Will a space heater work for you? In reading user reviews, one of the most-often cited disappointments is that one space heater or another failed to heat a space adequately. However, that's often the result of unrealistic expectations -- or inflated marketing claims -- rather than a failure of the appliance. Space heaters are, designed for spot heating or supplemental heating for a small to standard-sized room. Seamus Bellamy at TheSweethome.com points out that the largest electric space heater you can buy for use in the U.S. tops out at 1,500 watts, which is sufficient to heat up no more than a room of 150 square feet (10 by 15 feet) or less. A fan can help spread that heat out in that space faster and more completely, but can't help a space heater cover a larger area. Performance can also be affected by external factors such as inadequate insulation or drafty windows or doors. Most of the heaters covered in this report are rated at 1,500 watts, though some also have lower-power settings for smaller rooms.
Does noise matter to you? Reports indicate that most modern space heater are very good or excellent when it comes to keeping noise-levels reasonable, and that includes models with the most powerful fans. Still, if you will be using the space heater in an area where quiet is important, look for models that have the best feedback regarding noise.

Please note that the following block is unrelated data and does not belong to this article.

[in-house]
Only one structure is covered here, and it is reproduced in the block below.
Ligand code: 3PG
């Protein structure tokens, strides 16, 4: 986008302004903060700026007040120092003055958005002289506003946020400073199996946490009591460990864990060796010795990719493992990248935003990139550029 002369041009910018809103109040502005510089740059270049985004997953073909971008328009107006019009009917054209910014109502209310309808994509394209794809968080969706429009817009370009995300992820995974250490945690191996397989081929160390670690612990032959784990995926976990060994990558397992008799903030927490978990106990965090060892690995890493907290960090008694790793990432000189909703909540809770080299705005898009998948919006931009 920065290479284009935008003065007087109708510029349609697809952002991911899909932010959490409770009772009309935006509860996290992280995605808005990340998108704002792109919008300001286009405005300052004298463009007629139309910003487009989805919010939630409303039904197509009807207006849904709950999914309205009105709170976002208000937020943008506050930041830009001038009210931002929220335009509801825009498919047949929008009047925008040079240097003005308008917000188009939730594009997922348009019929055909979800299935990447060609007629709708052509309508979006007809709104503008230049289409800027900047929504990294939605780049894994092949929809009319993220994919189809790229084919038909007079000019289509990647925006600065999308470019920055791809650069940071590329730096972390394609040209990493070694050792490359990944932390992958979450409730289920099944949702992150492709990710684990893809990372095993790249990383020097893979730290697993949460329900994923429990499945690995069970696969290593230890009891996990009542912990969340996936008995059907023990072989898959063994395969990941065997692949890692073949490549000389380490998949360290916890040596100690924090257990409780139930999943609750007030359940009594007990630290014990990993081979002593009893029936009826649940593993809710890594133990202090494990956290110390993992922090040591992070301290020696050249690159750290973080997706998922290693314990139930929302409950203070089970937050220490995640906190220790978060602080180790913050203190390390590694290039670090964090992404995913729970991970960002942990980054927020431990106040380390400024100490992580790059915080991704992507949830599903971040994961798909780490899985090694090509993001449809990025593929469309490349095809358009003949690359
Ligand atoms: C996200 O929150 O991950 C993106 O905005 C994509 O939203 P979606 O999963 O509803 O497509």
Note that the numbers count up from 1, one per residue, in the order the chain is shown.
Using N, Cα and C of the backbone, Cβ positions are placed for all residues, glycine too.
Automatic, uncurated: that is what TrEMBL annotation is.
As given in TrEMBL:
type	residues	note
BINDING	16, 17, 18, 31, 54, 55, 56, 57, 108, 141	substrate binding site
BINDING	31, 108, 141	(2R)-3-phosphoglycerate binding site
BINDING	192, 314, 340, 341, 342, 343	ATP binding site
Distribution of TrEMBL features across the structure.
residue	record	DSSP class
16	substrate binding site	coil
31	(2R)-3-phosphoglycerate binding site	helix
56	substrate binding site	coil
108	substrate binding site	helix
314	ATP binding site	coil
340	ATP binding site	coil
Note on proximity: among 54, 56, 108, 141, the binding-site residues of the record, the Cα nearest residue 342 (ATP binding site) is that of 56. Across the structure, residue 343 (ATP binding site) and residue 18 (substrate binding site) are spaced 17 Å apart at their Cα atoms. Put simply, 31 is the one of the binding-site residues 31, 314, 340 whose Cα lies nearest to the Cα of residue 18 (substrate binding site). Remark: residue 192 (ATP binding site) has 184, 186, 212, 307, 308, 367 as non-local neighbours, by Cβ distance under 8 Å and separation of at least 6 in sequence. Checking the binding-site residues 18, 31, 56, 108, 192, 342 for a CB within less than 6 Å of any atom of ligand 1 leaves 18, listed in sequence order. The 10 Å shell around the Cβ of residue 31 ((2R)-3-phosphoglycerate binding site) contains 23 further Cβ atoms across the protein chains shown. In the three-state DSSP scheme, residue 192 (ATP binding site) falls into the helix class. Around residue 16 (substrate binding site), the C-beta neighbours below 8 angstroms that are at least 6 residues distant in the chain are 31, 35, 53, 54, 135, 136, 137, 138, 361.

Do you need consistent heat? Many owners rely on a space heater to deliver consistent heat, oftentimes while sleeping at night. However, experts from the Consumer Product Safety Commission (CPSC) strongly recommend that you never go to sleep with a space heater still operating. For bedrooms, that makes oil-filled radiator space heaters a better choice. They are slower to warm up than other types of space heaters, but they retain heat much longer -- hours after they are turned off. Models with timers that turn the heater on and off at preset intervals (such as in the morning or at bedtime) provide added convenience.
Do you care what the heater looks like? If a space heater is used only occasionally or in private areas of the home (or office), appearance might not matter much. For some, though, an unattractive heater isn't ideal. For aesthetes, design may be worth a higher price.
Elsewhere in this report: